Teach Soap

Soap Making Recipes, Tips and Tutorials
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PostPosted: Thu Mar 17, 2016 6:01 am 

Joined: Sat Jan 03, 2015 10:03 am
Posts: 4
Hi All,

As a fairly new soaper, I am going to open a small can of worms for comment here. I read the article and will also be reading the original site linked from it. Here's my thing. Once the references to healing and antibacterial properties is removed, the product goes back to being soap which is not under the perview of the FDA but rather the CPSC. This is by the FDA's own website. If what you make meets their legal definition of soap they have no authority. Since I make zero claims about my soap, I would tell the FDA inspector as such and ask him to vacate the premises. She caught their attention with claims made that could put her under FDA review. Unless their is additional info I have not seen yet she should not be subject to FDA inspection at all. OK off my soapbox. Feel free to comment while I go off to read as much other info about this inspection as I can find. I dislike feds overreaching their authority in case you can't tell. I will read all comments good, bad and ugly.

River city does however sell lip balm and lotion. I looked at the website. Beautiful stuff. Lip balm and lotion are cosmetics which are under FDA perview. That being said, I think the FDA can only dictate where it regards to her cosmetic stuff, not soap.

Note: I am not a lawyer, just an overworked federal employee for full disclosure. No I do not work for the FDA but rather another federal agency oft mentioned and always hated


ok paste directly from the FDA.gov website

What’s the regulatory definition of soap?

Whether a product is a “soap” in the traditional sense, or is really a synthetic detergent, helps determine how the product is regulated. So, let’s take a look at how “soap” is defined in FDA’s regulations;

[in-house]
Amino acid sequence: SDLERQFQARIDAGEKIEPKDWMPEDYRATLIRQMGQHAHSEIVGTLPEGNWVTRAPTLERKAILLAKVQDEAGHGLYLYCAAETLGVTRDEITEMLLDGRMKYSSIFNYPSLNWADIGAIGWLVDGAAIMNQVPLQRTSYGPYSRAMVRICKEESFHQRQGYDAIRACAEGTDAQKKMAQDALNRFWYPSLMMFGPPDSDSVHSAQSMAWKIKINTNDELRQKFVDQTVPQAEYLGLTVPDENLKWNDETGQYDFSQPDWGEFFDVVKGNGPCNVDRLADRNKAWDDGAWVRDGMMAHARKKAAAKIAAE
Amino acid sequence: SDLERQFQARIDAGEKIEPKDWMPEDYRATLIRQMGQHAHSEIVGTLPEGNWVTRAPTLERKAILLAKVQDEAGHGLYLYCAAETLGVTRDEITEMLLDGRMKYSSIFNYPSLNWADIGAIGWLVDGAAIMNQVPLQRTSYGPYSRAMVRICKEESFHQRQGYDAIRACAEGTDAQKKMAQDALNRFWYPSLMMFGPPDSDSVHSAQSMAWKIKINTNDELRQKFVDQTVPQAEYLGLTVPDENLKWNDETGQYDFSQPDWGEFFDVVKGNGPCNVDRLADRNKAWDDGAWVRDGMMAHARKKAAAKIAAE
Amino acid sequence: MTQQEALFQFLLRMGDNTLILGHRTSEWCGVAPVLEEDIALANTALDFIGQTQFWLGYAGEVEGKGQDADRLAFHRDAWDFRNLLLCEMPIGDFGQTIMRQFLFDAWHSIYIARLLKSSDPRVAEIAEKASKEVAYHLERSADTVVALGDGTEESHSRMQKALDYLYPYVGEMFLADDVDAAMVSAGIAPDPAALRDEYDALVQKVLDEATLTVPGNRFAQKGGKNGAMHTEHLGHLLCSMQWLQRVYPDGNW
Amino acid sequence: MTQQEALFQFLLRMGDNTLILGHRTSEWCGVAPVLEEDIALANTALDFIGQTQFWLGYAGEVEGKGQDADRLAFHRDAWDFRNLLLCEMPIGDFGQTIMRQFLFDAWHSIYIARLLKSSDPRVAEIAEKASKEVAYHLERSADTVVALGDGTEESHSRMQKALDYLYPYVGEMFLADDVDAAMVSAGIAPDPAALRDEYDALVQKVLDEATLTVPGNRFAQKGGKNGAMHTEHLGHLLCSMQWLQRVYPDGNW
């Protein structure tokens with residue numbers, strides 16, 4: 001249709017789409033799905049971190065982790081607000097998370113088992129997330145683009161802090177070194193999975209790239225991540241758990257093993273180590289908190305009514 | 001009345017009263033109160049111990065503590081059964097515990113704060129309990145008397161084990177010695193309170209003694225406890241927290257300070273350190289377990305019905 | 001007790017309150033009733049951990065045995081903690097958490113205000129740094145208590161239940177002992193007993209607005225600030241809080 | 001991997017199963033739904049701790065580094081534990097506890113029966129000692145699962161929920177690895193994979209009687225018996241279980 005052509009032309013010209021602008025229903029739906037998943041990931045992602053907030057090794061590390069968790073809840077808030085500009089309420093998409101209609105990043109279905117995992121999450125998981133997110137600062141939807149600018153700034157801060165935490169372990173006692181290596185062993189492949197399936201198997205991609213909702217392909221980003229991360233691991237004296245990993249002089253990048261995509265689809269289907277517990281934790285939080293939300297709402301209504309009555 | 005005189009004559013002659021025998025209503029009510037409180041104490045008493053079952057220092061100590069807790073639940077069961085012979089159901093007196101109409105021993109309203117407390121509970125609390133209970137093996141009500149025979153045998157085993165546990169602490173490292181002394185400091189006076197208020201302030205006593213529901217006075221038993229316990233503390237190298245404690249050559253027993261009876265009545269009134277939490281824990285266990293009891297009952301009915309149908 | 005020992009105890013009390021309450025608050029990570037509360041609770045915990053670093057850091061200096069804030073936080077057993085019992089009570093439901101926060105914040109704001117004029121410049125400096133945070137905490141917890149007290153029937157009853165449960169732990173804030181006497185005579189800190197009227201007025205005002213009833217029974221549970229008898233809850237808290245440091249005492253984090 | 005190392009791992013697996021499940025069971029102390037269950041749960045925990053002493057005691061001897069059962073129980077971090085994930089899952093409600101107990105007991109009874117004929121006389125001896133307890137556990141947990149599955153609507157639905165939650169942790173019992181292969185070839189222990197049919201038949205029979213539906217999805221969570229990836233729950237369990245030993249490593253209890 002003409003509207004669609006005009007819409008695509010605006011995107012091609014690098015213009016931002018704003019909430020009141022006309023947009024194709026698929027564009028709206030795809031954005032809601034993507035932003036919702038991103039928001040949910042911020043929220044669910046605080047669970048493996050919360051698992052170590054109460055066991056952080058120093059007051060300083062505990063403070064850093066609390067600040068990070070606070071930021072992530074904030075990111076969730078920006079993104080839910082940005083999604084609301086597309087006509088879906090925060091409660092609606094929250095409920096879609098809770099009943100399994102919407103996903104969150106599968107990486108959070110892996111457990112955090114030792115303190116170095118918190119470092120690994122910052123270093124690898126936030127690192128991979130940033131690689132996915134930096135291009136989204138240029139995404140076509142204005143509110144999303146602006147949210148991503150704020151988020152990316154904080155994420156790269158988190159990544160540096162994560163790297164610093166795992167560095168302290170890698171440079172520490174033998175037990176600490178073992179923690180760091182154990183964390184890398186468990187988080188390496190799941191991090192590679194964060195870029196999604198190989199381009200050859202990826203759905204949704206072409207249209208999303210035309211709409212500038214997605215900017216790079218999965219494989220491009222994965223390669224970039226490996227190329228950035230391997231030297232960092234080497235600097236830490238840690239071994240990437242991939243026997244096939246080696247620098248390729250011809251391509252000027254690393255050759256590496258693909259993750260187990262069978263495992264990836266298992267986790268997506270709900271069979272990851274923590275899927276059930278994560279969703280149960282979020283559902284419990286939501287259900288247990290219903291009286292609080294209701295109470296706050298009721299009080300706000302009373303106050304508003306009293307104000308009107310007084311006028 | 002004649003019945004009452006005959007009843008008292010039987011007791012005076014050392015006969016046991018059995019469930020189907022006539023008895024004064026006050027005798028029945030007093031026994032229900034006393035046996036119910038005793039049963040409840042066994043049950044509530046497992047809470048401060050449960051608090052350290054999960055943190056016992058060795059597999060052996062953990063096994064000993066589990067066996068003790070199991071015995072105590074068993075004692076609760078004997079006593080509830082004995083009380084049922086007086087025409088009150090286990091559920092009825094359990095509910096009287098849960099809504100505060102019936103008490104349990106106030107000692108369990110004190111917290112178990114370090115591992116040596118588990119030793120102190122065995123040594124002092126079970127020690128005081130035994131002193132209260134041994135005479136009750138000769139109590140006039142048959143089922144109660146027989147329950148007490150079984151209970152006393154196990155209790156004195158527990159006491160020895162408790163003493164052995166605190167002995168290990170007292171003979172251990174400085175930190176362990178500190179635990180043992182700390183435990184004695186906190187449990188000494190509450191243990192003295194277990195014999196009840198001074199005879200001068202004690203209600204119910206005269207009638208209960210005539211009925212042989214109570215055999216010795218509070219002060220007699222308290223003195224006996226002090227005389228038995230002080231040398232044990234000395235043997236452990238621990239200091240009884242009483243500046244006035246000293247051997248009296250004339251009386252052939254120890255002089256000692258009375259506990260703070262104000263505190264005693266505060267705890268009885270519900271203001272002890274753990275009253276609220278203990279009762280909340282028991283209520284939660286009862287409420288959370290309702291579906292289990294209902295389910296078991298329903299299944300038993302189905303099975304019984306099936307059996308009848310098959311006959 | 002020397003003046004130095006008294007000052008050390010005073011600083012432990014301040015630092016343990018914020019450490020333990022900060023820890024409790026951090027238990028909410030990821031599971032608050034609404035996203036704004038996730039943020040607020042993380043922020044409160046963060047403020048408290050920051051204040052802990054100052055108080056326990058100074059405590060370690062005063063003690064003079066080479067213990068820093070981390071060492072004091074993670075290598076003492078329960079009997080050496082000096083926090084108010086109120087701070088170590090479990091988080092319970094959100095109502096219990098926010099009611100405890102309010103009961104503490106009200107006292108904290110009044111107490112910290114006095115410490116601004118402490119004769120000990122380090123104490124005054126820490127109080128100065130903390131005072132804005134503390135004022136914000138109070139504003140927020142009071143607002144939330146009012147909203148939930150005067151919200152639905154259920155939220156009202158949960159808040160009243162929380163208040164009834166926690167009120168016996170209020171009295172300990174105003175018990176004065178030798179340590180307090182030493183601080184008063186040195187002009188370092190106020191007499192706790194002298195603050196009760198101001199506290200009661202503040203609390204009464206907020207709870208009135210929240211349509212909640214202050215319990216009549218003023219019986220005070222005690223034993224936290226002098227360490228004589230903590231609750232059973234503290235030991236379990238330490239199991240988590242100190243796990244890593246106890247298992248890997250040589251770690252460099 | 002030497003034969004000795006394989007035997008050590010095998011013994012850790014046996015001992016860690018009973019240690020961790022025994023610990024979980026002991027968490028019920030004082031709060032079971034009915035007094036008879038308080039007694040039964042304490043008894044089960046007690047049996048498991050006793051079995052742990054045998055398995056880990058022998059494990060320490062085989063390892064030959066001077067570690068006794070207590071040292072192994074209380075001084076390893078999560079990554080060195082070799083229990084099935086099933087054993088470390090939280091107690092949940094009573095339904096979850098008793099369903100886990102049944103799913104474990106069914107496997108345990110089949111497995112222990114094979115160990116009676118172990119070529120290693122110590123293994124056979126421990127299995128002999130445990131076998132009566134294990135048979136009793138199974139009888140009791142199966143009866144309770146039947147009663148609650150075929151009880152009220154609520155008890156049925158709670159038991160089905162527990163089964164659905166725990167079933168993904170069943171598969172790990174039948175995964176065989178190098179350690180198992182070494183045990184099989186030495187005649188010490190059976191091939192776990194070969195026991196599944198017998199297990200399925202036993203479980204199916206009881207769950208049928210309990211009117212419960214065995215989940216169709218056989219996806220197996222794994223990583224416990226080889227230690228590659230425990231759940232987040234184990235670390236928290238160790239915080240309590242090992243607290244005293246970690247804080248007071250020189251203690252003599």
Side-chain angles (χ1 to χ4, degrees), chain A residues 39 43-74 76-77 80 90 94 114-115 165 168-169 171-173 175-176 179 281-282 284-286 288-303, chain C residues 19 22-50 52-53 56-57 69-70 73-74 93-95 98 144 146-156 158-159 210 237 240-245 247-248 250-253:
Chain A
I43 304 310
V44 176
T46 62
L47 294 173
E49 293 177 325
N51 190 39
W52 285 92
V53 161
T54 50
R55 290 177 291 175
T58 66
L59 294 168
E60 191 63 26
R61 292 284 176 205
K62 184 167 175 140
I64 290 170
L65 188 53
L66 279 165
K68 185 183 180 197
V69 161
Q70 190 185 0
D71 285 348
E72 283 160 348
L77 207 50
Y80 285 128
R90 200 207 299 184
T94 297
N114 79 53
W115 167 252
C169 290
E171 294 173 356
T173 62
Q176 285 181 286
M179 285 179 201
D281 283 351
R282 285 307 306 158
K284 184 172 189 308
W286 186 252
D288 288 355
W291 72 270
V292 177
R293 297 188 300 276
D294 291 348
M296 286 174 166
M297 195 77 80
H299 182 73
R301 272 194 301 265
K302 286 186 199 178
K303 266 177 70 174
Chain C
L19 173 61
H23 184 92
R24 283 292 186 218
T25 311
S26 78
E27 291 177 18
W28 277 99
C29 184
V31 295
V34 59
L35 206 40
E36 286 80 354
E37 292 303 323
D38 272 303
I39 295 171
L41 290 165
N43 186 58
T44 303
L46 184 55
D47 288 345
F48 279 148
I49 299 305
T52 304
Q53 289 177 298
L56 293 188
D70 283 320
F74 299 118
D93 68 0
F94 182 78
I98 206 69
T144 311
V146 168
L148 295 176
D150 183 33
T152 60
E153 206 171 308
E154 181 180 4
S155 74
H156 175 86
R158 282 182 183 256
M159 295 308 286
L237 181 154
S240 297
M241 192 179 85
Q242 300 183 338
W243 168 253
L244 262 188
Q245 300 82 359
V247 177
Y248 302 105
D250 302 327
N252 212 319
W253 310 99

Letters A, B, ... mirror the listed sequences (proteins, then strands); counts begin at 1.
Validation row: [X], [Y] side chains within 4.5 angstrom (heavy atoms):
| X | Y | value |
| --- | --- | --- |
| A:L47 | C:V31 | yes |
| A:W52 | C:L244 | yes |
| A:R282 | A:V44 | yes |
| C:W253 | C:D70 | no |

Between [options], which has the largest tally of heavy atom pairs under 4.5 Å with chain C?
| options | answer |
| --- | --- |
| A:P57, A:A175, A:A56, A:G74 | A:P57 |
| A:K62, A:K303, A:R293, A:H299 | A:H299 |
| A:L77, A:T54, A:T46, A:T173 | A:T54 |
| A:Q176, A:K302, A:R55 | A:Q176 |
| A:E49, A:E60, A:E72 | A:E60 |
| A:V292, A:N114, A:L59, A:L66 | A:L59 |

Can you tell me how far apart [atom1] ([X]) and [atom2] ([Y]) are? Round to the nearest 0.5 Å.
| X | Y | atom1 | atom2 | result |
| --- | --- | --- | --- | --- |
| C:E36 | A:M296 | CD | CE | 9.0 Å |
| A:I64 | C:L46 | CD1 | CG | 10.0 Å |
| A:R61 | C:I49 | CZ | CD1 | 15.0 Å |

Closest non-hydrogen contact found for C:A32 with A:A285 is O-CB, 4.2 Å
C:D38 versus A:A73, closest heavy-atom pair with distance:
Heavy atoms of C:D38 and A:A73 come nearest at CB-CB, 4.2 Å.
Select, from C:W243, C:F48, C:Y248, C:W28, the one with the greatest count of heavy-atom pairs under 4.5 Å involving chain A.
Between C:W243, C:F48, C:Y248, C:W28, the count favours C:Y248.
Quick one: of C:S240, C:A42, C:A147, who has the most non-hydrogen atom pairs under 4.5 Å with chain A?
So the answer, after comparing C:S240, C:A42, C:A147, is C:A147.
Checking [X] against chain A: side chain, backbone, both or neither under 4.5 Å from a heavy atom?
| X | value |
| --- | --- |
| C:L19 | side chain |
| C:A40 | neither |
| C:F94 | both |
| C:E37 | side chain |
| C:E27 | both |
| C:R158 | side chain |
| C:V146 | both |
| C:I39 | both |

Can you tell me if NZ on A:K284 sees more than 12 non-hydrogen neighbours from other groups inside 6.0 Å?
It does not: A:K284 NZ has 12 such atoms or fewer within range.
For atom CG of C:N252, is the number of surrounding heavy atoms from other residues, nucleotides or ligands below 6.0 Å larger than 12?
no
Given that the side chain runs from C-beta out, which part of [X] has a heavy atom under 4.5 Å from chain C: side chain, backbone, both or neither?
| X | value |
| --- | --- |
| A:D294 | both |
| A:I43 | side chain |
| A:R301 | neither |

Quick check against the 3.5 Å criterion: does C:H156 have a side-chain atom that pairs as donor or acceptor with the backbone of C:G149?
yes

To meet the definition of soap in FDA’s regulations, a product has to meet three conditions:
1.What it’s made of: To be regulated as “soap,” the product must be composed mainly of the “alkali salts of fatty acids,” that is, the material you get when you combine fats or oils with an alkali, such as lye.
2.What ingredients cause its cleaning action: To be regulated as “soap,” those “alkali salts of fatty acids” must be the only material that results in the product’s cleaning action. If the product contains synthetic detergents, it’s a cosmetic, not a soap. You still can use the word “soap” on the label.
3.How it's intended to be used: To be regulated as soap, it must be labeled and marketed only for use as soap. If it is intended for purposes such as moisturizing the skin, making the user smell nice, or deodorizing the user’s body, it’s a cosmetic. Or, if the product is intended to treat or prevent disease, such as by killing germs, or treating skin conditions, such as acne or eczema, it’s a drug. You still can use the word “soap” on the label.

You can read the entire regulation at 21 CFR 701.20.

How are different “soap” products regulated?
•If your product meets the regulatory definition of soap, it’s regulated by the Consumer Product Safety Commission (CPSC), not by FDA. Please direct questions about requirements for these products to CPSC.

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